The Failed Soviet Invasion of Romania, Spring 1944

From Red Storm over the Balkans: The Failed Soviet Invasion of Romania, Spring 1944, by David M. Glantz (U. Press of Kansas, 2007), pp. 372-378 (reviewed here and here):

Strategic Implications

Every officially sanctioned Soviet and, more recently, Russian history of the Soviet-German War published since war’s end categorically asserts that, immediately after the Red Army completed its successful winter campaign in the Ukraine during mid-April 1944, Stalin ordered his Stavka and General Staff to begin preparations to conduct a series of successive strategic offensives through Belorussia and Poland during the summer of 1944, which, from a military and political perspective, were designed to hasten the destruction of the Wehrmacht and Hitler’s Third Reich in the shortest possible time by exploiting the most direct route into the heart of Germany. Only after completing these more important offensives, these sources argue, did Stalin finally unleash the Red Army on an invasion of Romania and the Balkan region. According to this strategic paradigm, when the Red Army actually implemented the Stavka’s plan, it began its offensive into Belorussia in late June, its offensive into southern Poland in mid-July, and its offensive into Romania in late August.

Furthermore, these same histories argue that, just as the Balkan region was a secondary strategic objective for Stalin during the Red Army’s summer-fall campaign of 1944, it remained of secondary importance when the Red Army conducted its offensives during the winter campaign of 1945. Therefore, just as the Red Army invaded Romania in late August 1944, but only after its offensives in Belorussia and eastern Poland succeeded, likewise, during its winter campaign of 1945, the Red Army captured Budapest and western Hungary and invaded Austria in February and March 1945, but only after its offensive through Poland to the Oder River succeeded.

However, the “discovery” of the Red Army’s attempt to invade Romania in mid-April and May 1944 casts serious doubts on this prevailing strategic paradigm. In short, the precise timing, immense scale, complex nature, and obvious objectives of the Red Army’s offensive into Romania during April and May 1944 now clearly indicate that Stalin and his Stavka were paying considerable attention to strategic imperatives other than those described in this prevailing strategic paradigm. Simply stated, vital military, economic, and political factors prompted Stalin to order his Red Army to mount a major offensive of immense potential strategic significance into Romania between mid-April and late May 1944….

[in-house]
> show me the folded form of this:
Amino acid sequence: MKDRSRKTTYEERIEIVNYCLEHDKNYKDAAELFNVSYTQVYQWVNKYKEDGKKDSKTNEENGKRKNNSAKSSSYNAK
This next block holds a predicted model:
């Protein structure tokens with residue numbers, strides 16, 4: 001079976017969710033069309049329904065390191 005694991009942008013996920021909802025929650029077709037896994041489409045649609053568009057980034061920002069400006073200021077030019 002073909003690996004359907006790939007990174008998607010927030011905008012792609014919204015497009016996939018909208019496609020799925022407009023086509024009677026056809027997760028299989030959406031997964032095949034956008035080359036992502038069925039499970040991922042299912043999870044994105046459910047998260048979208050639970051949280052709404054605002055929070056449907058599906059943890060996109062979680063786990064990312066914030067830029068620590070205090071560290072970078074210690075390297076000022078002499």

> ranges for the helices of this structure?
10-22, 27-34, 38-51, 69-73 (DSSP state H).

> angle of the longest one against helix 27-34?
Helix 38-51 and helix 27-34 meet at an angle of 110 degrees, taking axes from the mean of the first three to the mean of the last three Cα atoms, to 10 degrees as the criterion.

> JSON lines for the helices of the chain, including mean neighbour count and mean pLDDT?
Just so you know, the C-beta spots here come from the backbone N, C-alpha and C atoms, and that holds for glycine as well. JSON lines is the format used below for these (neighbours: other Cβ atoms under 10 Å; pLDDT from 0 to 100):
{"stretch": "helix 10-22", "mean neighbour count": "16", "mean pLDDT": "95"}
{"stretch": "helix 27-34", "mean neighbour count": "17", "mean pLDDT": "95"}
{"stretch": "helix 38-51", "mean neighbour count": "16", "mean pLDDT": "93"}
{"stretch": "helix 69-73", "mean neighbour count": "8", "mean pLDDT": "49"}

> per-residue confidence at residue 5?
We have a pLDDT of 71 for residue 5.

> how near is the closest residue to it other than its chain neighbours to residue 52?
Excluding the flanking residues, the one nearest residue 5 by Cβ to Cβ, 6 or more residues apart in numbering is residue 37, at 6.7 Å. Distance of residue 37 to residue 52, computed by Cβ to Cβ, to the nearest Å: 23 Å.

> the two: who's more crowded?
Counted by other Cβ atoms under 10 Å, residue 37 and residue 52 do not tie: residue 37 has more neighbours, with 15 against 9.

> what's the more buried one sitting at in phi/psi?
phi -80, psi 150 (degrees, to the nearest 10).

In addition to these purely military considerations, there were also strategically vital economic and political motives for Stalin and his Stavka to mount an invasion of Romania during April and May 1944. Economically, for example, as von Senger pointed out, if successful, a full-fledged Red Army invasion of Romania could deprive the Axis of its vital oilfields in Romania, thereby seriously degrading Germany’s ability to continue the war. More important still from a political standpoint, a successful invasion of Romania would likely topple the pro-German Romanian government and drive Romania from the war, and perhaps even force Bulgaria to abandon its looser ties with Hitler’s Germany. In fact, the loss of a significant portion of Romania to the Red Army would shake if not shatter the Axis’ defenses throughout the entire Balkans, inject a sizeable Red Army presence in the region, and end all hopes by Stalin’s “Big Three” counterparts, Roosevelt and Churchill, that they could halt the spread of Soviet influence into the Balkan region.

In short, since Stalin’s Western Allies were already planning Operation Overlord to land their forces on the coast of France, the Red Army’s entry into Romania would end, once and for all, Stalin’s anxiety over his Allies establishing a “second front” in the Balkans. Ever the realist, Stalin judged that the potential political gains associated with the Red Army’s advance into Romania during April and May 1944 more than outweighed any associated military risks. Nor was it coincidental that, after his spring 1944 venture failed and the Red Army’s summer offensives to the north succeeded, Stalin unleashed the Red Army forces on a new invasion deeper into Romania and the Balkans during August 1944.